Laws intended to prevent the teaching of critical race theory and other divisive concepts in schools have been proposed or passed in dozens of states across the country, drawing varied feedback from education advocates and experts on both sides of the aisle.
A law passed in Georgia prevents advocating for "divisive concepts," while not specifically mentioning critical race theory. A North Dakota bill, on the other hand, specifically banned "instruction relating to critical race theory in any portion of the district’s required curriculum."
Parents Defending Education president and founder Nicole Neily said proposals that simply ban critical race theory "don’t go far enough."
"We’ve seen that set of words – critical race theory – districts have been hiding from it. They’ve been saying ‘we don’t teach critical race theory in schools,’ but we know the underlying ideology is definitely being taught," she told Fox News Digital.
Despite this, Neily warned against outright bans in schools. "We’re seeing how the word ban is being used to liken us to all being fascists, and we want to ban things," she said. "We want a marketplace of ideas, but sadly, that’s not taking place in public schools whatsoever."
"Schools are teaching students to identify themselves on the basis of race… and to treat other people differently," she added.
Heritage Foundation fellow Jonathan Butcher warned against banning "ideas," rather saying schools should reject "any attempt to discriminate against individuals based on the color of their skin."
Jonathan Zimmerman, a professor of history of education at the University of Pennsylvania, is opposed to any law attempting to ban critical race theory and other divisive teachings, instead encouraging a diversity of opinions in the classroom.
Zimmerman suggested looking at Columbus, the Revolutionary War, Civil War, reconstruction and other historical events through the lens of both a state-approved textbook, and more left-leaning views like the New York Times Magazine’s 1619 Project.
"This represents an enormous teachable moment, but my fear is we’re not leveraging it," he told Fox News Digital.
The 1619 Project advocates that 1619, the year the first enslaved Africans were brought to what would later become the United States, should be considered the true founding year of the country. Critics of the project have cited historical inaccuracies, including its suggesting the Revolutionary War was fought in part to preserve slavery.
Zimmerman harshly criticized the "ambiguity" in many of the laws banning critical race theory and divisive teachings. "Nobody really knows what they mean, and really, that’s one of the worst parts about them," he said.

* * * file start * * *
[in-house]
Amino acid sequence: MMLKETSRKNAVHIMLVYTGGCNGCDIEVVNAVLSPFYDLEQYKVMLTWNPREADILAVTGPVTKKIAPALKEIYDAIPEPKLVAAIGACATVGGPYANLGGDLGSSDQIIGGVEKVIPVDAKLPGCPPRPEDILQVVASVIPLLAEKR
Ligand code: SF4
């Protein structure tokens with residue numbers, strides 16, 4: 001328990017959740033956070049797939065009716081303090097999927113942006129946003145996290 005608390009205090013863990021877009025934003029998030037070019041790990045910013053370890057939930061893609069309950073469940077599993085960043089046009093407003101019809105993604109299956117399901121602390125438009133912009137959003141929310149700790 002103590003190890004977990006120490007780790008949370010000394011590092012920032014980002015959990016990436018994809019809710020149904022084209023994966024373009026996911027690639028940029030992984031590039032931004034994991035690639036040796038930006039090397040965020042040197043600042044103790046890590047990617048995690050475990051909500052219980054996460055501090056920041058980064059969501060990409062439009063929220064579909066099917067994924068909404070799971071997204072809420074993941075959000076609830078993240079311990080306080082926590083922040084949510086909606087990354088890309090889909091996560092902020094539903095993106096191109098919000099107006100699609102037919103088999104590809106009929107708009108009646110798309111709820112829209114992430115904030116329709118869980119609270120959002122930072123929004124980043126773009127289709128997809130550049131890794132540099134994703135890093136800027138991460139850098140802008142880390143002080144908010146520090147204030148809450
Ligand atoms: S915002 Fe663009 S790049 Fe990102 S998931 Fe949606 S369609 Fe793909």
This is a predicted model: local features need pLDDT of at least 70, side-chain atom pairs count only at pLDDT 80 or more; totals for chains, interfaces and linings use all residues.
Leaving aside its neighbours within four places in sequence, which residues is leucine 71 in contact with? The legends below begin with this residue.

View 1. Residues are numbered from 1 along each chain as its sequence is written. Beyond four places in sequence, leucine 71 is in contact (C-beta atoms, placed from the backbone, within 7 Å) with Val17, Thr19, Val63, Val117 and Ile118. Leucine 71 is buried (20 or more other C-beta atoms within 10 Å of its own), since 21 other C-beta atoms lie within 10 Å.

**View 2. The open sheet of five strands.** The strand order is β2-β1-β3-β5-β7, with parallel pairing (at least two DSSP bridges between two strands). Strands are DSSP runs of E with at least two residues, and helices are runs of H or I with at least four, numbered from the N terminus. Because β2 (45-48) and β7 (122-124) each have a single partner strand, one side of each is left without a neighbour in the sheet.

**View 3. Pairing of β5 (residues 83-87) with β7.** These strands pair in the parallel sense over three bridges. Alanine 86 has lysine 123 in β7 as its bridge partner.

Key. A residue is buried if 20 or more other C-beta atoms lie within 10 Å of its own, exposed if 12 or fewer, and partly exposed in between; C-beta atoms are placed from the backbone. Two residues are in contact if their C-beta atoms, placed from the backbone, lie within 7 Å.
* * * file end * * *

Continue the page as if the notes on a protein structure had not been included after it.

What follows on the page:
An issue brief from the Manhattan Institute warned that any legislation should not "stifle the marketplace of ideas," "proscribe or discourage classroom discussion of race and racism, past and present," or "condition curriculum on individual student ‘discomfort’ or ‘distress,’" among other suggestions. Rather, the Manhattan Institute encouraged legislation that increases transparency in schools and prohibits compelled speech.
All three experts commended parent involvement in schools, with Butcher and Neily calling out school and state efforts to give parents more insight into what their children are being taught.
"When policymakers design proposals, they should be thinking not just in terms of race and preventing discrimination – although be sure to do that – but also what this means in terms of making sure parents stay informed about what is going on with their children in the classroom," Butcher said.
Neily added there are existing tools in place for parents who are concerned about what their children are being taught. "Title VI of the Civil Right Amendment, or Civil Rights Act of 1964 prohibits treating students differently on the basis of skin color, yet that is taking place on a regular basis, coast to coast," she said. "We have the tools in place, but we need to enforce them."
Zimmerman warned parents against generalizations about what is, or is not, taught in school districts across the country.
"Don’t believe every scare story you hear," he said. "Try to inform yourself about what actually happened by talking to the students and to the teachers."
"There are nearly 14,000 school districts. And I wish that every single newspaper article about the subject would emphasize that," he said. "We don’t have a national curriculum in the United States. In fact, the federal government is banned from creating curriculum. What that means is that each district does it on their own."
"It’s a myth, and it is a distortion to say ‘all schools are teaching CRT [critical race theory],’" he added. "That’s ridiculous. But it’s also a distortion to say that CRT has no influence on the schools… I think it’s disingenuous to pretend that the philosophy of CRT has no influence, of course it has."
Despite this, Zimmerman warned against parents attempting to ban viewpoints they disagree with.
"If there is a viewpoint, like the 1619 Project, that you don’t like, please, don’t try to eliminate it, try to balance it," he said. "The 1619 Project is a legitimate challenge to the traditional way that history has been taught… The answer to that challenge is not to censure it or to pass a law saying you can’t have it because it might make a kid feel bad. The answer is to ensure that it’s presented as a theory, as an interpretation… and that it’s coupled with other ones. Don’t censure, balance."